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5 Stages Of Change: A Model For Helping Substance Use Disorder?

People on the outside looking in at their loved one experiencing alcohol or drug addiction often become exasperated by their behavior. A period of abstinence can be swiftly followed by binges, characterized by chaotic and selfish behavior.  

However, what is sometimes not apparent for the people witnessing this is that the person acting this way is often in a great deal of pain. Their drinking, using, and related behaviors? It’s often their way of escaping this pain. 

Maintaining sympathy during these times is easier said than done, and compassion fatigue can occur. Compassion fatigue means you may lose sight of the reasons you care for the person, lost in a mire of thought about their current and previous behavior. However, the good news is that everyone can achieve recovery as long as they take specific steps.  

Those embarking on a journey of sobriety should keep in mind to stay positive whenever possible. It is important for them to know that if the proper steps are taken, a day at a time, they will be able to overcome addiction and lead happy and free lives. Learning about the five stages of change can help you understand what may help your loved one achieve lasting sobriety.  

Stage One: Precontemplation 

In the pre-contemplative stage, the person struggling with addiction is not yet considering that they need to change. At this point, your loved one will probably become defensive, rationalizing their drug and alcohol abuse, and dismissing any suggestion that they get help. 

During this stage, professionals who are trained in helping people achieve sobriety aim to help your loved one move from pre-contemplation to contemplation by assisting them to become aware of the consequences of their addiction. Motivational interviewing techniques are often used to assist the client in considering a change. 

Stage Two: Contemplation 

During the contemplation stage, your loved one will become aware of the ramifications of their addiction and engage in some thought about the related issues. This stage, a progression from pre-contemplation, is characterized by the client weighing up the pros and cons of getting help. Motivational interviewing will continue to be used. 

Stage Three: Preparation 

At the preparation stage, your loved one will commit to change. Professionals seek to empower the gathering of information about options for change and assist the addicted person in looking for methods of recovery that suit them. This stage might involve looking for treatment centers or recovery coaches.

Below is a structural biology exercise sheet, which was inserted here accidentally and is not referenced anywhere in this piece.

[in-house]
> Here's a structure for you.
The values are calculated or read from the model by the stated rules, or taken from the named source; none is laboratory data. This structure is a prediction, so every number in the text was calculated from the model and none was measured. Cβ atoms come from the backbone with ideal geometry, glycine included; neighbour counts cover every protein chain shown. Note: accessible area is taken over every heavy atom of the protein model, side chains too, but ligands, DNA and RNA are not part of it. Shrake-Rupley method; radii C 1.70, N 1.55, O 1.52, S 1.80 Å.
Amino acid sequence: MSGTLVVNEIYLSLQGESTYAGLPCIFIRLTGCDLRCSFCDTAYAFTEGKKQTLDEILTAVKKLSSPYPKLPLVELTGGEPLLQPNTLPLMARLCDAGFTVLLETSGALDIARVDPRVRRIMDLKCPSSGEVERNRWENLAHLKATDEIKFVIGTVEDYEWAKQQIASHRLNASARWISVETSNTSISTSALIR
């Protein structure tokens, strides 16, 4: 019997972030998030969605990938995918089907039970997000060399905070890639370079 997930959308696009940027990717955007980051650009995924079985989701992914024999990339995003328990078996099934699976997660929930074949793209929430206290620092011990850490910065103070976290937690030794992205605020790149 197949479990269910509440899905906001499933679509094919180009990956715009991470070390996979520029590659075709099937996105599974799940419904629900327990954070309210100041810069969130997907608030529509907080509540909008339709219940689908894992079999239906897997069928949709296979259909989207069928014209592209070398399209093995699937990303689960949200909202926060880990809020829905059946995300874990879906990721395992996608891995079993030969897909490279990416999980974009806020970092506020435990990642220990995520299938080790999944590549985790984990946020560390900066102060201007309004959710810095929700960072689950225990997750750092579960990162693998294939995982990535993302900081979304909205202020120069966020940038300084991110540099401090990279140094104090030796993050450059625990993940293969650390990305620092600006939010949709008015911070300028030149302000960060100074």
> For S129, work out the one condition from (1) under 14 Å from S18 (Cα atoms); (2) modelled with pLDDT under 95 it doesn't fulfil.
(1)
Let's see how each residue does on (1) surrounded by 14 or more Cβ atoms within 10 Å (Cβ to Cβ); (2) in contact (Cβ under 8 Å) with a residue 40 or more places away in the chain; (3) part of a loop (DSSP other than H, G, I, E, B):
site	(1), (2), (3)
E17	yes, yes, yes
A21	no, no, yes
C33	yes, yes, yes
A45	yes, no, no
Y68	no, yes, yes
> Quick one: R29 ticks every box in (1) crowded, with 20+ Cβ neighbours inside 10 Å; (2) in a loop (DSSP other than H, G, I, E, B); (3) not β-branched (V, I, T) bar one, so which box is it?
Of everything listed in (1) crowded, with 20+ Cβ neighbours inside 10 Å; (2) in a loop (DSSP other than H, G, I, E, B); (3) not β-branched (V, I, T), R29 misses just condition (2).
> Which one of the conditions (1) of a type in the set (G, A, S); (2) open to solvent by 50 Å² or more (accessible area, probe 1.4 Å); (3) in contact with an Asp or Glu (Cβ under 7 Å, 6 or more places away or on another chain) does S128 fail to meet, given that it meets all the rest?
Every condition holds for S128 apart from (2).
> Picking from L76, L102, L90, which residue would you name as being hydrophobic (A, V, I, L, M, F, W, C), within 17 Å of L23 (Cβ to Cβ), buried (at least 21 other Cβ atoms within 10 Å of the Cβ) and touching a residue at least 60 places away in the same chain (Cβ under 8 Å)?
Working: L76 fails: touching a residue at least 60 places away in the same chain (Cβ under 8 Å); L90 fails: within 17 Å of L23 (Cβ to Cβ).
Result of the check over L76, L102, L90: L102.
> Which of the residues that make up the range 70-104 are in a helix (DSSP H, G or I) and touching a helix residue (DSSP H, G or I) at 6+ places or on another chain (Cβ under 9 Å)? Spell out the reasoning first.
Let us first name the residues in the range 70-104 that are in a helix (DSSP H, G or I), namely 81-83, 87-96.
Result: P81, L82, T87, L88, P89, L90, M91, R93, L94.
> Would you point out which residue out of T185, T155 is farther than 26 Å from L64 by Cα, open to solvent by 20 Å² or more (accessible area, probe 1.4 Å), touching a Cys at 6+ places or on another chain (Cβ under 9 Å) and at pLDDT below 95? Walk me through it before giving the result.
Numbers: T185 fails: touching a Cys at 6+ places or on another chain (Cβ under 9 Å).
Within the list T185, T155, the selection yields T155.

Stage Four: Action 

In this stage, the individual now knows that they have the opportunity to change and are taking steps towards this.  A person in the action stage might have enrolled in a program at a treatment center and be working towards addressing the issues that have kept them in the vicious cycle of addiction.   

Skills gained at this point may include relapse prevention work to help the person see potential scenarios where they might fall back into using. Your loved one may also create personal inventories, where they look into their past to see patterns of behavior that have kept them stuck in their addiction. 

Stage Five: Maintenance and Recovery 

In the final stage, maintenance and recovery, your loved ones will learn how to successfully avoid triggers. At this point, being a part of the community is essential.  Their community might be a group that is regularly attended, or an alumni program offered by a treatment center. 

In the maintenance and recovery stage, it is crucial for your loved ones to stay connected and not lose focus of where they have come from and the progress that they have made. If the person has reached this stage, they should feel proud of how far they have come while being aware that they need to maintain a certain level of vigilance to help themselves from falling back into addiction. 

Change Is Not a Sudden Event 

The process of the five stages of change is much easier said than done, and it should be expected that there will be setbacks along the way. Change is not a sudden event and is instead a process that unfolds over time. As this process continues, the motivation of a person changes, and they are able to not only leave behind the wreckage of the past but also grow into an entirely new person. 

It is essential throughout the process to stay positive, whether it is you or your loved one who is going through addiction and remember that no matter how bad your situation feels at the time, that many others have come on the path before you. There is help available at any time. 

The helplessness which you can feel while seeing your loved one be in partial denial of the ramifications of their addiction to substances can be heart-breaking. It is essential that when your loved one is experiencing this, they need to seek help as soon as possible. 

When you visit, we will help you explore the best conventional and alternative models of detox treatment and therapies local to you. Our goal is to help educate you to make an informed decision about your health and wellbeing. We accomplish this by providing information about treatment centers that will offer you the best resources to improve your mental and substance use disorders. 

Our web page also includes the best treatment or transitional living arrangements in your community. Our goal is to advocate for you so that you can act and become an advocate within your community. Learn more by visiting our website today.

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